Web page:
Employees who face discriminatory treatment at work are often faced with the dilemma of how to substantiate their claims, and how to guard against the risk that their employer will hide or destroy evidence. Frequently, employees choose to take possession of substantiating evidence by forwarding emails to their personal address, or by making copies of documents which would otherwise remain internal. In doing so, employees sometimes violate employer policies governing confidential and proprietary information. On other occasions, these actions violate the law. The Fourth Circuit’s recent opinion in Netter v. Barnes, No. 18-1039, 2018 U.S. App. LEXIS 32358, (4th Cir. Nov. 15, 2018), establishes that employees who violate internal confidentiality policies in the furtherance of a Title VII investigation are protected by the “participation clause” of the statute’s retaliation provision, while those who break the law while doing the same are not.
Netter, a 19-year employee of the Guilford County Sheriff’s Office who is a Black Muslim woman, complained after receiving disciplinary action in April 2014 which prevented her from applying for a promotion. Netter eventually complained to the Guilford County Human Resources Department and to the EEOC that similarly situated officers who did not share Netter’s status as Black or Muslim were not subjected to the same disciplinary action for engaging in conduct identical to that which caused Netter to be barred from applying for a promotion.
When Guilford County Human Resources asked Netter if she had any evidentiary support for her allegations, she copied comparator personnel files and provided these documents to the county investigator, the EEOC, and to her attorney. Netter was subsequently terminated for violating department policy regarding access to personnel records, because she “failed to conform to the work standards established for her position,” and because her dissemination of the records violated N.C. Gen. Stat. § 153A-98, which imputes criminal liability to individuals who access personnel files of state employees without authorization. Following her termination, Netter filed a charge of discrimination with the EEOC contending that she was terminated in retaliation for participating in activity protected under Title VII’s participation clause. After the district court granted summary judgment to defendant, Netter appealed.
Title VII bars retaliation against any employee “because he has opposed any practice made an unlawful employment practice [under Title VII], or because he has made a charge, testified, assisted, or participated in any manner in an investigation, proceeding, or hearing under [Title VII].” 42 U.S.C. § 2000e-3. This provision of the statute can be divided into two discrete portions: the opposition clause—which punishes employers for discriminating against employees because the employee has opposed a practice made unlawful by Title VII, and the participation clause, which protects employees who have “made a charge, testified, assisted, or participated in any manner in an investigation, proceeding, or hearing” under Title VII. An employee bringing a retaliation claim under the opposition clause typically must make a showing that such opposition was reasonable, effectively limiting what type of conduct is covered under this portion of the statute. See Laughlin v. Metropolitan Wash. Airports Auth., 149 F.3d 253, 257 (4th Cir. 1998).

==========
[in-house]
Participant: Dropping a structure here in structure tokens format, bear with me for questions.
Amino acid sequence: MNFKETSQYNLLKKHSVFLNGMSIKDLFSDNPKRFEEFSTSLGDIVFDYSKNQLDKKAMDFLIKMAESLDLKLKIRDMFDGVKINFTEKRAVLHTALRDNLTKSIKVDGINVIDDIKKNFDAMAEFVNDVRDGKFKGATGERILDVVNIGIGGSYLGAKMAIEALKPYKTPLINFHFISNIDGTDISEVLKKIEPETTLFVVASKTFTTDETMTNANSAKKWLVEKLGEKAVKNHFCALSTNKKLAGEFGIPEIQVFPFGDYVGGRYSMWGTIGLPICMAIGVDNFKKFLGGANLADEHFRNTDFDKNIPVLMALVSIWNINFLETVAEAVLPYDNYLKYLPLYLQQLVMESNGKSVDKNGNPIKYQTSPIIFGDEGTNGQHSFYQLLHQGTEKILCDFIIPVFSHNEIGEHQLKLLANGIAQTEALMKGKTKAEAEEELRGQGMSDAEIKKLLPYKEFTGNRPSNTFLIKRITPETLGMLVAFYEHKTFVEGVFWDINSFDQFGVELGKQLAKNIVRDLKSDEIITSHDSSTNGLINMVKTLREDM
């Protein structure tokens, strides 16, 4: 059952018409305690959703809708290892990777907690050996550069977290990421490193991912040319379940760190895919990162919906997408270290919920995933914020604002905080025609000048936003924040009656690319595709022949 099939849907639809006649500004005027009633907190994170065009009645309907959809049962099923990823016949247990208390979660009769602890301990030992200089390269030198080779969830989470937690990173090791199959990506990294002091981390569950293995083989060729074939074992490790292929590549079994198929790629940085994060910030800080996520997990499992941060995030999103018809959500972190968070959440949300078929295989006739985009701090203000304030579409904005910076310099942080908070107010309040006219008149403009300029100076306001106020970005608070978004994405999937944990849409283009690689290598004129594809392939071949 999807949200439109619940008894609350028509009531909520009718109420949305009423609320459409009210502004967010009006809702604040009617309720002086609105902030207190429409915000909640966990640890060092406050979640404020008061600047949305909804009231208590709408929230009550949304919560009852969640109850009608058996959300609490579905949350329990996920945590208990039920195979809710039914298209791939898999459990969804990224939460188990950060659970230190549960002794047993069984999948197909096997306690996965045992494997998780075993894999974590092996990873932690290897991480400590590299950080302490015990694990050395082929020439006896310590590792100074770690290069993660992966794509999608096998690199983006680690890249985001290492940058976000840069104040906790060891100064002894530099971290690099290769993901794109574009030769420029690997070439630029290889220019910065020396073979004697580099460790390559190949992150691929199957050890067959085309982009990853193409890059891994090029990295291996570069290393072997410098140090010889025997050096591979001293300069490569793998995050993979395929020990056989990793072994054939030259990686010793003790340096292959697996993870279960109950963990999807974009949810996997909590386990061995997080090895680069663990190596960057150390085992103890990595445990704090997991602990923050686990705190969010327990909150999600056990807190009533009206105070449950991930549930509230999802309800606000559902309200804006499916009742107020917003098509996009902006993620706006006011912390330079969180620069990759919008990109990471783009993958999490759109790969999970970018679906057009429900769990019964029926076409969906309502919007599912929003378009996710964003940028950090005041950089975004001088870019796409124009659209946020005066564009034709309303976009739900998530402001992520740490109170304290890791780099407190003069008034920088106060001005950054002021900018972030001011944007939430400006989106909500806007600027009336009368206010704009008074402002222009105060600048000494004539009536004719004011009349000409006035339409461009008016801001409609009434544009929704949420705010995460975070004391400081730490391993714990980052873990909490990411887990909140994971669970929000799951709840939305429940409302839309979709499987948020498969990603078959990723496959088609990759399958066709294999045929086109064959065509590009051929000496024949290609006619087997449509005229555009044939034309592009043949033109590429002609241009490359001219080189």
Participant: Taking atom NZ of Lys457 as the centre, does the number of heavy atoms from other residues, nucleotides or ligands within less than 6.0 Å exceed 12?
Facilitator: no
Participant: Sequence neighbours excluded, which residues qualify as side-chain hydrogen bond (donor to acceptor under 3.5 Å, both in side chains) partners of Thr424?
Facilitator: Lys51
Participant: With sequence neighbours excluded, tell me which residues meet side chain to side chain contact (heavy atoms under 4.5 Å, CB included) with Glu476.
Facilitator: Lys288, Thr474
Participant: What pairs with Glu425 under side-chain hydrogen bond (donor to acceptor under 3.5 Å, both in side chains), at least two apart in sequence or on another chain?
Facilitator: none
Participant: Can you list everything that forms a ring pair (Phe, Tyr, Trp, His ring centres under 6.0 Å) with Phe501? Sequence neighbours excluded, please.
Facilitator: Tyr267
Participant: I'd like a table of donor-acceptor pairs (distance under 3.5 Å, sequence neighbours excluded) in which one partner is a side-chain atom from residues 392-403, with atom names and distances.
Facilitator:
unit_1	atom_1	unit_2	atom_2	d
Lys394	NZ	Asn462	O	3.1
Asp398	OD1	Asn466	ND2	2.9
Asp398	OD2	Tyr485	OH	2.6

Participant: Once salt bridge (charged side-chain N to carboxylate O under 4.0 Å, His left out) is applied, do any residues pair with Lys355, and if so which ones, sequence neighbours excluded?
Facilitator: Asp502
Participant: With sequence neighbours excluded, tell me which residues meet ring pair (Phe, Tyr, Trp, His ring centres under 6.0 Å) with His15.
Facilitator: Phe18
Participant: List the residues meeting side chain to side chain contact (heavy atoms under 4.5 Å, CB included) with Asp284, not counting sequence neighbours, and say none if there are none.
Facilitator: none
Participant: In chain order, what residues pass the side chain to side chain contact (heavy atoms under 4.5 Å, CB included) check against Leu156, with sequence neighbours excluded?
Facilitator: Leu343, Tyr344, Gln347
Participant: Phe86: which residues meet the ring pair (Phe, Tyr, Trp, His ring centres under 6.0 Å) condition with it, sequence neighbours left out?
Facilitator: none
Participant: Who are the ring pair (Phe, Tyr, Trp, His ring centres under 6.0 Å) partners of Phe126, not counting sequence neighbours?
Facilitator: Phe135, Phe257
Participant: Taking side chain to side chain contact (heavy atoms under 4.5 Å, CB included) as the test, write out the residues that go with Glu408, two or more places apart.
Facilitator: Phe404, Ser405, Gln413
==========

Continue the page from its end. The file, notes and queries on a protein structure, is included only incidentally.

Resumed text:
In Glover v. S.C. Law Enforcement Div., the Fourth Circuit declined to similarly limit the scope of the participation clause by reading a “reasonableness” requirement the language of the statute, stating that doing so “would do violence to the text of that provision and would undermine the objectives of Title VII.” 170 F.3d 411, 414 (4th Cir. 1997). At the same time, Glover observes that “[e]mployers retain, as they always have, the right to discipline or terminate employees for any legitimate, nondiscriminatory reason.” Id. Glover therefore left open the question: if an employee discloses information in violation of an employer confidentiality policy, does this provide a sufficient legitimate, nondiscriminatory reason for terminating that employee?
Addressing this gap in the analysis provided by Glover, the court in Netter reiterated that a plain reading of the text of the participation clause—specifically its use of the phrase “participated in any manner”—does not provide for a reasonableness inquiry. Further, the court explicitly rejected the Defendant-Employer’s contention that “any disclosure of information in violation of an employer’s confidentiality policy falls beyond the scope of the participation clause.” Were the court to have adopted such a rule, it would likely have enabled employers to swallow the participation clause with broadly drafted workplace policy, and chilled employee participation in Title VII investigations.
Unfortunately for Netter, this aspect of the court’s opinion proved a small consolation, as her termination was ultimately upheld—the Fourth Circuit also reiterated that “illegal actions” are not protected under the participation clause. Therefore, because Netter’s access and copying of the personnel files of the comparator employees violated a “valid, generally-applicable state law,” her termination was held to be proper.
Ultimately, Netter provides valuable clarity: counsel for employees should encourage their clients to preserve evidence—provided that doing so could be classified as “participation”—without concern for internal policy, but with a wary eye on applicable law governing confidential and proprietary information.